'Weak taxation' and 'anemic regulation' opened the door for billionaires to spend staggering amounts on elections

'Weak taxation' and 'anemic regulation' opened the door for billionaires to spend staggering amounts on elections
Supreme Court of the United States

Billionaire election spending has drastically increased over the last 12 years as a result of the U.S. Supreme Court's Citizens United ruling, according to TruthOut.

Americans For Fair Taxation (AFFT) recently analyzed data that breaks down election campaign contributions. Their assessment suggests that there is an upward trend in billionaire donations to political campaigns. Per the assessment, "billionaires have increased their donations from $31 million total during the 2010 election cycle to a whopping $1.2 billion in the 2020 election cycle, or about 39 times more."

In short, the amount spent in just 2020 accounts for almost 40% of all billionaire political campaign donations since 1990. In fact, spending in the four-year span between 2012 and 2016 is an indication of how trends have changed dramatically.

In 2016, billionaires spent approximately $682 million in campaign donations as opposed to just $233 million back in 2012. So how did the Citizens United ruling open this door?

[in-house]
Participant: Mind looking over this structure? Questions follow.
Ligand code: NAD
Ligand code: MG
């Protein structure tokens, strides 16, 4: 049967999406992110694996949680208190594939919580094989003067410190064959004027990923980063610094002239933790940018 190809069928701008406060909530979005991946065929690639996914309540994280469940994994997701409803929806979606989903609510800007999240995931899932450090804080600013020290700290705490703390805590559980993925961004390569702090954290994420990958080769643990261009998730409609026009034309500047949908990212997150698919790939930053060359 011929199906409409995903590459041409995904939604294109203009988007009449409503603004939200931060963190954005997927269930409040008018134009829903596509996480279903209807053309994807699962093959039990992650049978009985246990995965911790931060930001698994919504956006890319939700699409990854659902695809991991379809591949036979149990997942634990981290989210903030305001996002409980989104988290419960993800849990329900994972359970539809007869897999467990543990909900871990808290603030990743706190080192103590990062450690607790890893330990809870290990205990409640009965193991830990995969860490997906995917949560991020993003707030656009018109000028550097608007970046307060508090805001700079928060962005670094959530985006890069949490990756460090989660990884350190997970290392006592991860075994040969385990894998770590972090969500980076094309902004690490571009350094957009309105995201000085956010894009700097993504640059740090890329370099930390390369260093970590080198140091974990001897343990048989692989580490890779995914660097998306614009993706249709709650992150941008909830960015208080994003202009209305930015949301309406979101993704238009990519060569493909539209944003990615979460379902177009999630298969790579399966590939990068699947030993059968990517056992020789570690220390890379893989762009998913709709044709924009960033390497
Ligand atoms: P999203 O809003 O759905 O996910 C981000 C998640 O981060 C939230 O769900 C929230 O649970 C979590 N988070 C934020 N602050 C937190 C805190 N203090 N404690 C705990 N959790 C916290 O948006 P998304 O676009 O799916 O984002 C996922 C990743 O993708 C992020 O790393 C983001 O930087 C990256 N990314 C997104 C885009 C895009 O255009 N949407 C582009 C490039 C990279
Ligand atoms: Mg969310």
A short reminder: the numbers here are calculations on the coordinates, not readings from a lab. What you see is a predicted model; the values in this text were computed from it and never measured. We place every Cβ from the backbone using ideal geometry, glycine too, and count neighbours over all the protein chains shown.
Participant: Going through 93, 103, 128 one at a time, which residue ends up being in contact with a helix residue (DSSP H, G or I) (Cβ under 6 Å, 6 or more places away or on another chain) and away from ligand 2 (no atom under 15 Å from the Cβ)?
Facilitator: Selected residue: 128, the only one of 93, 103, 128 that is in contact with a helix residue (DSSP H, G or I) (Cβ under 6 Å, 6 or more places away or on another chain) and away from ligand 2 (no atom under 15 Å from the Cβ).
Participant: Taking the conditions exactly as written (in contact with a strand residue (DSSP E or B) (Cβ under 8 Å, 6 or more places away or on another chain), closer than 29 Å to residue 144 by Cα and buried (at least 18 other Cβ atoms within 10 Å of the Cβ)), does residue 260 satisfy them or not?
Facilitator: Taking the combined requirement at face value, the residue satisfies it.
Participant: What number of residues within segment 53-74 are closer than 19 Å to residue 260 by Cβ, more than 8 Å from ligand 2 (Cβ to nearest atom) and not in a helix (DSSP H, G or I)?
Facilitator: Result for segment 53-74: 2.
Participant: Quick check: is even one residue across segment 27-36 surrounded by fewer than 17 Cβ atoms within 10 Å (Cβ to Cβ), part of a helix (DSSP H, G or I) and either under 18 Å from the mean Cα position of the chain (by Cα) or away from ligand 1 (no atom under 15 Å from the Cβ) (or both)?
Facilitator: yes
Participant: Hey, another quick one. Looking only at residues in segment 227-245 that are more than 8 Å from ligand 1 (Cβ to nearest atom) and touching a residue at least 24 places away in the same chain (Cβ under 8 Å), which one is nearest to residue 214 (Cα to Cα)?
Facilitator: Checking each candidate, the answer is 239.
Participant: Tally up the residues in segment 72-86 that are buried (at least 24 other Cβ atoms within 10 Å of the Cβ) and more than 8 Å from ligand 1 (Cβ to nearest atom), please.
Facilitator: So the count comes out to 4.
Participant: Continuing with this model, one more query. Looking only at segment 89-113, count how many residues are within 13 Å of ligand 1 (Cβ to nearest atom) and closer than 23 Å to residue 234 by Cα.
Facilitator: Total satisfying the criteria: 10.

Per Truthout:

"In January of 2010, conservative Supreme Court justices ruled in their Citizens United decision that restricting corporate donations was a violation of corporations’ First Amendment rights – a decision that granted individual rights to corporations and enabled them to spend unlimited amounts of money on campaign contributions. As a result of this decision, vast amounts of money from corporate and deep-pocketed interests have been funneled into elections."

Frank Clemente, executive director of Americans for Tax Fairness released a statement criticizing the court's decision describing it as "weak taxation of the wealthy" and "anemic regulation."

“On this anniversary of the disastrous Citizens United decision, the escalating campaign donations of billionaires offer the clearest argument possible for why we have to get big money out of politics,” said Clemente. “Weak taxation of the wealthy combined with anemic regulation of campaign fundraising have handed America’s billionaires outsized political influence to go along with their huge economic clout.”

AFFT also released a statement criticizing the ruling.

“Corporations are not people, and billionaires shouldn’t get to use their enormous wealth to pick and choose who they want in office,” Americans for Tax Fairness wrote. “It’s well beyond time for Citizens United to go, and to put real action towards getting big money out of politics. Our democracy depends on it.”


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